Volunteering, Networking & Rejection Handling – Top Tips from SYPinto Mentee Lily

Posted on July 24, 2018 in London

With this next instalment in our mini mentorship blog series, we will be introducing you to Lily – classics grad, budding publisher, and one of our 16 2018 SYPinto mentees.
Applications for SYPahead, the second stream in our mentorship programme, dedicated to junior professionals in their first or second jobs, will be opening via the website on 30th July!
 
I’m Lily and I returned to London at the end of last year, after nearly six years in Paris, and decided to start a career in publishing. During the past six months, I have worked as a Publishing Assistant at Egmont and most recently I completed a Publishing Internship with Duckworth Publishers.
At my first networking event, I met a publisher who said, “the best advice I can give you is to get yourself a mentor.” When I was chosen to be part of the SYP mentorship scheme, I was so grateful to have been paired up with Charlie Morris, Publicity and Marketing Executive at Little Tiger Press. She has been an invaluable source of publishing knowledge and is very supportive. Since Charlie and I connected, we’ve met to work on my CV and cover letter, practise before interviews, and have had the odd ‘counselling session’ following rejected applications. Our favourite place to meet is the café at Waterstones Piccadilly and afterwards we often take a tour of their floors to peruse the latest publications. Even if we don’t have time to meet in person, I know that I can always message Charlie before an interview and she’ll reply with some helpful tips.
 
A recent book campaign I would have liked to have worked on is…
… Madeline Miller’s Circe. I studied Classics at university and still enjoy reading about the ancient world. Concerning the book itself, Miller was not only able to express the story from a fresh and feminine perspective, but she also succeeded in creating a psychologically in-depth account of a misunderstood character of Greek mythology. It would have been great to work on such a book which tapped into so many ideas that are a feature of our contemporary cultural zeitgeist. This campaign particularly stood out for me as it received brilliant reviews, was hugely popular on social media – the eye-catching cover helped with this – and Miller attended literary events internationally, championing Classics as she went.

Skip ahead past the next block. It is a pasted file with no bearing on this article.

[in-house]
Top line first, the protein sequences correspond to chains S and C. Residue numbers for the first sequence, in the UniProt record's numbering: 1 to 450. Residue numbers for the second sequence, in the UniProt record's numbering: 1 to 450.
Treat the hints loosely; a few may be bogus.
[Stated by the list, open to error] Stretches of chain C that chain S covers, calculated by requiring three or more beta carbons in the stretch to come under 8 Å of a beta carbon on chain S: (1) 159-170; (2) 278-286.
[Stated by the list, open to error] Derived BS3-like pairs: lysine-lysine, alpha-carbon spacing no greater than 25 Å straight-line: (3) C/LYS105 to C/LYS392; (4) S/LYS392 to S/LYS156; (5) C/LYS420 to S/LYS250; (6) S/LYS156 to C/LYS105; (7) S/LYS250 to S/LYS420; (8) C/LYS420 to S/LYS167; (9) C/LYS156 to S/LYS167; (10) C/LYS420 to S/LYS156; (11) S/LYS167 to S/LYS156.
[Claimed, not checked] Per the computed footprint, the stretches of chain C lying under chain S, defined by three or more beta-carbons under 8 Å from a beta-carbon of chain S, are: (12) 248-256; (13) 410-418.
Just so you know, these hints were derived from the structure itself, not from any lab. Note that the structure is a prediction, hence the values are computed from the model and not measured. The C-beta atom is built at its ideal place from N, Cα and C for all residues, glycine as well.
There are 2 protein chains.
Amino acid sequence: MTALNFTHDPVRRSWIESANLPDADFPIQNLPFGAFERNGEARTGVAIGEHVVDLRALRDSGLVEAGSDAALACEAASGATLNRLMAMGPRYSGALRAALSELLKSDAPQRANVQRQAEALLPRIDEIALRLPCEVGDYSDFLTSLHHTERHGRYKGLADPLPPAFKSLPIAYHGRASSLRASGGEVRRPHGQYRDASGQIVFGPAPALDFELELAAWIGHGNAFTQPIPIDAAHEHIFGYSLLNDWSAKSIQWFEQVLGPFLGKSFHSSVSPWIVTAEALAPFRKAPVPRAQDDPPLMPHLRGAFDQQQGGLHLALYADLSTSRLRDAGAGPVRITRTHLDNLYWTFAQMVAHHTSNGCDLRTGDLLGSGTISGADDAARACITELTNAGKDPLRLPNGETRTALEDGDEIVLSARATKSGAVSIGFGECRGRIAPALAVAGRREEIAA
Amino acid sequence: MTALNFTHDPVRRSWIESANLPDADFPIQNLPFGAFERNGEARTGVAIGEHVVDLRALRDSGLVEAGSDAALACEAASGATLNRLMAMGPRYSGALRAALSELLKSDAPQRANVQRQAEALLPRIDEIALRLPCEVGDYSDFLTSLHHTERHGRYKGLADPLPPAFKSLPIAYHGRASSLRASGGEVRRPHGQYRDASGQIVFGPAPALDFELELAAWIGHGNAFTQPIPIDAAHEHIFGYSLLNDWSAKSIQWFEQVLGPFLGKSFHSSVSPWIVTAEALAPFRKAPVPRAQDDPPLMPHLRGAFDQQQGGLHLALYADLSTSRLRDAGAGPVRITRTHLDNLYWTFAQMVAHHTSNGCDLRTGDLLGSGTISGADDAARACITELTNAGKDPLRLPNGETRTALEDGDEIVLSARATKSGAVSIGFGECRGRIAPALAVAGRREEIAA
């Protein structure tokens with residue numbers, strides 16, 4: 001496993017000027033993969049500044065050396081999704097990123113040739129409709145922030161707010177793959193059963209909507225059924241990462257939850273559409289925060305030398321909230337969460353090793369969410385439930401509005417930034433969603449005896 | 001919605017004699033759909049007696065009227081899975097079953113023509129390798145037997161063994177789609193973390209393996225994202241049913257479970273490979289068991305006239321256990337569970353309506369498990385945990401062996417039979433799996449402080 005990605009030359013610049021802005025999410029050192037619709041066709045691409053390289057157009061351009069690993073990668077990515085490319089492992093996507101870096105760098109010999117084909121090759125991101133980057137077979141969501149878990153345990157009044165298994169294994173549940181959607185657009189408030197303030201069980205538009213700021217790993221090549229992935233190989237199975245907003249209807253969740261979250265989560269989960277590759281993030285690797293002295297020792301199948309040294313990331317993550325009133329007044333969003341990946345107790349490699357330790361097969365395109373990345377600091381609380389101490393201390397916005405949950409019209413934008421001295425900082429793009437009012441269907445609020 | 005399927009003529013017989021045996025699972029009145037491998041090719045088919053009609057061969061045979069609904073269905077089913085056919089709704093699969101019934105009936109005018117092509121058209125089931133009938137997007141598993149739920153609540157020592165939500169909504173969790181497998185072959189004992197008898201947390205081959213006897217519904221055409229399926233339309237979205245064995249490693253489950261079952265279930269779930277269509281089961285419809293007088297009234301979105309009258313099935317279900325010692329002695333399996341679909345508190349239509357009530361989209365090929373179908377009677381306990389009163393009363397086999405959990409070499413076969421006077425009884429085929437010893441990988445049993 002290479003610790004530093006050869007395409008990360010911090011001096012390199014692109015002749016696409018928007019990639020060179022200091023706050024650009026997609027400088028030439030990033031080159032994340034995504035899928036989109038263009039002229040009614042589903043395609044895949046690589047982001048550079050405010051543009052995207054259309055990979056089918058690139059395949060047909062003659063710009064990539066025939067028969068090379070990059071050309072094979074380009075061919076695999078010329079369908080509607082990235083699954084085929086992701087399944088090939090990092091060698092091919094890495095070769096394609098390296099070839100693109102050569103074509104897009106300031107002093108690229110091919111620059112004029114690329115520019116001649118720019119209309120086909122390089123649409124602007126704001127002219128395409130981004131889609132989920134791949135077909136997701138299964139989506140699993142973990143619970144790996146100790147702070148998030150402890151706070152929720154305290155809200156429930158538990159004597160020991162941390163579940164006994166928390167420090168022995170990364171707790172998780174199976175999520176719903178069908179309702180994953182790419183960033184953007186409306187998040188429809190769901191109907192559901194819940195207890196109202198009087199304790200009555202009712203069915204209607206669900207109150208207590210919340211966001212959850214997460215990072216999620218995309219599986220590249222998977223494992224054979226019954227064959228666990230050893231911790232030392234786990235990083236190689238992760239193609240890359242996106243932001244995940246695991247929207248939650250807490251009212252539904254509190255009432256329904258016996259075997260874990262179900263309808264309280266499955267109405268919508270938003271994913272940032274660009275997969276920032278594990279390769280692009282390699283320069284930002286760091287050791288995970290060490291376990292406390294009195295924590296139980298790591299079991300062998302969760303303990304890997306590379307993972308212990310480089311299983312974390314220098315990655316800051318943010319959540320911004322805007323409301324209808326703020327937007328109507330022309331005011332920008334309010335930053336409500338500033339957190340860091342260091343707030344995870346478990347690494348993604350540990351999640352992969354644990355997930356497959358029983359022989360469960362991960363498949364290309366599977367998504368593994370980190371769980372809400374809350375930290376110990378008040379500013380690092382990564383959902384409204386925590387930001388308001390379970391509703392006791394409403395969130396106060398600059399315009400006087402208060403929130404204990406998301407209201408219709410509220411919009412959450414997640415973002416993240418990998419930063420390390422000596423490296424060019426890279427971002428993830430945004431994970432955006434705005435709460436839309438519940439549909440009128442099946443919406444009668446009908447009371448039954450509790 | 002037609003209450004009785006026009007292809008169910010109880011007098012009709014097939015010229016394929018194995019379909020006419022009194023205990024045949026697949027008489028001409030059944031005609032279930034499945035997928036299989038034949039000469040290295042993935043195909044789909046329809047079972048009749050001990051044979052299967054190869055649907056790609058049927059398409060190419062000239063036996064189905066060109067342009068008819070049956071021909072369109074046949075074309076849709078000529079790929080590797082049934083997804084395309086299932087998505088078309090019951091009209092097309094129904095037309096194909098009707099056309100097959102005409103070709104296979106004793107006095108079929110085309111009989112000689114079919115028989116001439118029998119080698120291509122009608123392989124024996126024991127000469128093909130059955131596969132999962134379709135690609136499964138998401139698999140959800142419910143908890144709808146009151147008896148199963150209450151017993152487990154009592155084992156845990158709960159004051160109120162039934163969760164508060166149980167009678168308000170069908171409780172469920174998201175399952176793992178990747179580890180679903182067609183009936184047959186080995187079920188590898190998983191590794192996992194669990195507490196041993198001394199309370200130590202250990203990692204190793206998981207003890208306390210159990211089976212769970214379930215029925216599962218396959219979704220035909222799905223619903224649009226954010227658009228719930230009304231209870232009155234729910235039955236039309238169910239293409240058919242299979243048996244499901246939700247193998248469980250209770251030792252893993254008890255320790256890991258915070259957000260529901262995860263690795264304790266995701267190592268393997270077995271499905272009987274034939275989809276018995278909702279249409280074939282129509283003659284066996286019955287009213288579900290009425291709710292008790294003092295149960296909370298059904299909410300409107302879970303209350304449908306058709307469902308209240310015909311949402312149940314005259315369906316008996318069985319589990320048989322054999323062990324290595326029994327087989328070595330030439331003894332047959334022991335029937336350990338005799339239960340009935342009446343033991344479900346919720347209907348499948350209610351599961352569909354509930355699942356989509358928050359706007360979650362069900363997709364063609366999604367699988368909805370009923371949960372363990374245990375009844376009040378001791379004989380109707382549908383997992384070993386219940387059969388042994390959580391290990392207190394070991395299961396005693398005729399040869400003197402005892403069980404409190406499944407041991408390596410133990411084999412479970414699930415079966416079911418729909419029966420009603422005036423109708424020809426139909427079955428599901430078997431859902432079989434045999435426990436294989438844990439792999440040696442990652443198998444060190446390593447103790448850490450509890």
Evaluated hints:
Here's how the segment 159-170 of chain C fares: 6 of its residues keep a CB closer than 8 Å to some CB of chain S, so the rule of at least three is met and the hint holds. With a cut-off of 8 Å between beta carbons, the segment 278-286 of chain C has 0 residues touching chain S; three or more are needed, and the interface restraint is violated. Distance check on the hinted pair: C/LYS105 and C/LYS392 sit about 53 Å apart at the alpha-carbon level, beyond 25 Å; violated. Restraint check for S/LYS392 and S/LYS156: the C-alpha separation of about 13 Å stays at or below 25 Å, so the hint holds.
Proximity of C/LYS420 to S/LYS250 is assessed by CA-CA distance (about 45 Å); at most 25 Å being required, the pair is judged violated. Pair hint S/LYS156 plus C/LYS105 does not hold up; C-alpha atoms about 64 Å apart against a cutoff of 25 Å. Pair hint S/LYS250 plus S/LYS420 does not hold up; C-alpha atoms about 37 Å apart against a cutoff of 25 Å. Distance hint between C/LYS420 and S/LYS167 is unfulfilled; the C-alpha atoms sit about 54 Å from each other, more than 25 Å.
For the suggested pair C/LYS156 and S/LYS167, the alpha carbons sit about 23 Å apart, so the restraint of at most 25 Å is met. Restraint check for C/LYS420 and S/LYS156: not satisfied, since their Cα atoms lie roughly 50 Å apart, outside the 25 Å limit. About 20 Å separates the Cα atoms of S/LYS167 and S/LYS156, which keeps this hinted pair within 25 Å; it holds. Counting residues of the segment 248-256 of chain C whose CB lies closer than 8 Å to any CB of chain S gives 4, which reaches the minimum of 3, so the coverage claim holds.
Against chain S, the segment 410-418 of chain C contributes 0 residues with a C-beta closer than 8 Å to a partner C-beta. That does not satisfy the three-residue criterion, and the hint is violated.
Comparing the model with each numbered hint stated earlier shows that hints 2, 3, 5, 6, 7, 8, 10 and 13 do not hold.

The biggest misconception people have who aren’t involved in the industry is that…
…if you work in publishing, you must be an editor. I also had this misconception but since working at Egmont and doing an internship at Duckworth, I have learnt more about other areas of publishing such as Publicity, Sales, Marketing and Production. One way of exploring the various aspects of publishing is through doing internships, but if you can’t manage that, make sure to read as much around the industry as possible.
 
If I were to write a Beginner’s Guide to Publishing, my top 3 tips would be:

  • Avoid having too many preconceptions during the initial stages of looking for a job. Publishing is a multi-dimensional world, so take any opportunity you can to explore the different aspects of the industry. You may find that you started off wanting a role in Editorial, and then discover that your passion actually lies in Publicity or Marketing.
  • Whether you join the SYP, attend publishing talks, conferences or book launches, make sure you are always getting out there and speaking to people. In my spare time, I volunteer for the Royal Society of Literature, the Worldwide Association of Women Journalists and Writers, and help out at my local library. Not only have I met some amazing people, but these roles have also kept my morale up whilst I find a job in publishing. Remember that the more people you meet, the more you will learn about the industry and get insider tips – you never know, you may also get an internship or job out of it!
  • Most people will agree that the hardest thing to deal with in this competitive industry is rejection. The trick is to be persistent – keep applying and always be on the lookout for new ways to enhance your CV. I’ve often found it useful to speak to other people about their experience – you will discover that most have had their fair share of disappointment before they got their first role.

 
Lily is tweeting over at @lilymacmahon1!